Chicago Theatre Review
The Fabulous Mineral Point Men
Ten Dollar House – Pride Films and Plays
Anyone familiar with Josh Kilmer-Purcell and Brent Ridge, better known as television’s Fabulous Beekman Boys, will see a similarity between them and the two real life characters in this play. Librarians-turned-playwrights Rick Kinnebrew and Martha Meyer were inspired to write the story of these two men from Mineral Point, Wisconsin, who collaborated to restore one of several stone cottages in this Cornish immigrant mining town. The Depression hit the area hard and the zinc mines eventually all closed down with the miners heading West to find gold. Bob Neal, an antiques aficionado, and Edgar Hellum, an architectural restorer from nearby Stoughton, met quit by accident and developed a loving relationship. United by their passion for restoring old buildings and vintage furnishings, the two men began a new life together. This is their true story.
Staged within Evanston’s intimate Main Street Metra Station by Piccolo Theater’s Artistic Director, Michael D. Graham, the story of Bob and Edgar unfolds practically right in the audience’s lap. It’s a small story about two great men sharing a dream as well as, what was known at that time, “the love that dare not speak its name.” It took the more flamboyant Bob Neal a bit of time to convince the closeted Edgar Hellum that their attraction for each other and their ultimate romance was just as important as their business relationship. Even the townsfolk were more accepting of their homosexual union than Hellum, but unlike most gay romances from this unenlightened era, their adventure results in a satisfying, happy ending. Although the furniture moving gets a bit old, Sarah Lewis’ skeletal set works well and provides just enough space for Graham to keep his actors engaged and moving.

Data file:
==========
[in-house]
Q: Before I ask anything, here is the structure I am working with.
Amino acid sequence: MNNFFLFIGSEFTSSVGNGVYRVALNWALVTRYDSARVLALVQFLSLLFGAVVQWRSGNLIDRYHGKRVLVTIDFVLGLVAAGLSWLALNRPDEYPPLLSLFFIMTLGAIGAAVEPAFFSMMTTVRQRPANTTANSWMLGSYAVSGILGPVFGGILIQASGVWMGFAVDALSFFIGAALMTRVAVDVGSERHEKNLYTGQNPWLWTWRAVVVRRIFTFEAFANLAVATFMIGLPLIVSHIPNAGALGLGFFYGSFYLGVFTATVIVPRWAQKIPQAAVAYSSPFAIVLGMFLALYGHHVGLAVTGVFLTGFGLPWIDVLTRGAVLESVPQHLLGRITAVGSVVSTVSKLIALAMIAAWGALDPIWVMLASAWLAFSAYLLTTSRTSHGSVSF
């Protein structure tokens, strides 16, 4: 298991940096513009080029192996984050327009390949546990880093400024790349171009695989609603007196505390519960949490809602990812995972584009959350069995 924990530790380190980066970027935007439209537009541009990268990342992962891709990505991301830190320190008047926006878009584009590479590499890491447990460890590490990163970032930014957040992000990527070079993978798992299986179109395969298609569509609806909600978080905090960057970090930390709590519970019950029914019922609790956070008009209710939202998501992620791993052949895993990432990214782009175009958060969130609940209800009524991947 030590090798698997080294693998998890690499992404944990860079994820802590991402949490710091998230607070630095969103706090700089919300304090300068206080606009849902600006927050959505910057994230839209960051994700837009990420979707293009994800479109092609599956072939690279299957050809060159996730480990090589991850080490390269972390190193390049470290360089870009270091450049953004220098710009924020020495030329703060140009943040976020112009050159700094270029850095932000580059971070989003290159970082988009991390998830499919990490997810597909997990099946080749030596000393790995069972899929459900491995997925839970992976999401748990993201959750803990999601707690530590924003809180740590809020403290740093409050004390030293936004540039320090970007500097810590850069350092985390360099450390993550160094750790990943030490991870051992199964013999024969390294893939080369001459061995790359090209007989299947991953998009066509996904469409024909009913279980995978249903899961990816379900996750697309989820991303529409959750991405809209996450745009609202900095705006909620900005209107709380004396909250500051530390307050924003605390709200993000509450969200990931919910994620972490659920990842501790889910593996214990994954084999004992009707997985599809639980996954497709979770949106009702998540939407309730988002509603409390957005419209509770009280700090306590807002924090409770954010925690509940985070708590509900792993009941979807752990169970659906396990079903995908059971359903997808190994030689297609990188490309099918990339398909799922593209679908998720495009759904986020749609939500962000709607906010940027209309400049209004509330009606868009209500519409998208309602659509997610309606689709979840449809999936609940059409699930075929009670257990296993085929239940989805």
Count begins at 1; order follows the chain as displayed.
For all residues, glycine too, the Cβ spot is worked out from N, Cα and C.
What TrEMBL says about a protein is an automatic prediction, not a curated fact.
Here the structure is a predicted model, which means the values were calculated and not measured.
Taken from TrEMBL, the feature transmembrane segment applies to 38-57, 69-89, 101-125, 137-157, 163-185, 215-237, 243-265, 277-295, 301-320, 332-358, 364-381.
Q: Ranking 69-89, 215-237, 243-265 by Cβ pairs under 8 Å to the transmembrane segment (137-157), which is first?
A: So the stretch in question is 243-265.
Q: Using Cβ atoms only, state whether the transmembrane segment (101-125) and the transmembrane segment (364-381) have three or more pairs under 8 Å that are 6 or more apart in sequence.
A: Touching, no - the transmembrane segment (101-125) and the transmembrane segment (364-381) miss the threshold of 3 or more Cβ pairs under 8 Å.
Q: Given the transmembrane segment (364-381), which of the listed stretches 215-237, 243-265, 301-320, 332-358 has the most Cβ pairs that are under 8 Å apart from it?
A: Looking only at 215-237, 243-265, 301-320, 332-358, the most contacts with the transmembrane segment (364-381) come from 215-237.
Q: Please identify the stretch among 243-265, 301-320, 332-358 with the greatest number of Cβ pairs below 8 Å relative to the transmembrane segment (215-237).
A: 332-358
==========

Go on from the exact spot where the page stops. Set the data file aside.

Scott Patrick Sawa is a most commanding force as Bob Neal. Although perhaps a bit too colorful and bombastic for the tiny space, Mr. Sawa manages to capture both Neal’s eccentricity and artistic side, while still finding Neal’s vulnerability and quieter moments. Ruggedly handsome Chicago newcomer, Joe Anderson creates a realistic, very likable Edgar Hellum. He’s the more believable of the two characters, particularly considering the geographic locale and the time period during which these two men lived. The best scenes between these two young actors are the tender love scenes they share. Tom Chiola displays a Cyril Ritchard kind of theatricality as William Gundry, Neal’s friend and ardent supporter, an older generation gay gentleman who also resides in Mineral Point. He and his sister Marjorie, played with doting affection and skepticism by Jean Marie Koon, become a surrogate family for Bob and Edgar. Rounding out the cast is lovely Mindy Barber as Betty Cass, a Madison newspaper columnist, who helps champion and report on the men’s artistic endeavors.
While this play probably won’t break any new ground, it achieves what it sets out to do. It tells a true, warmly wrought story about two men who, against all odds, both love, respect and care for each other at a time when LGBT rights were only a pipe dream. It’s fascinating and instructive (especially for younger audiences) to relive a time when gay men and women were not only forbidden to marry, but couldn’t even be thought of as a couple. Bob and Edgar helped the people in this particular small Midwestern town in so many ways, not the least of which was to accept a same sex couple as an important, productive part of their community. This is their true story: The Fabulous Men of Mineral Point.
Reviewed by Colin Douglas
Presented January 7-31 by Pride Films & Plays at Piccolo Theater, 600 Main St., Evanston, IL.
Tickets are available by calling 800-737-0984 or by going to www.pridefilmsandplays.com.
Additional information about this and other fine area productions can be found by visiting www.theatreinchicago.com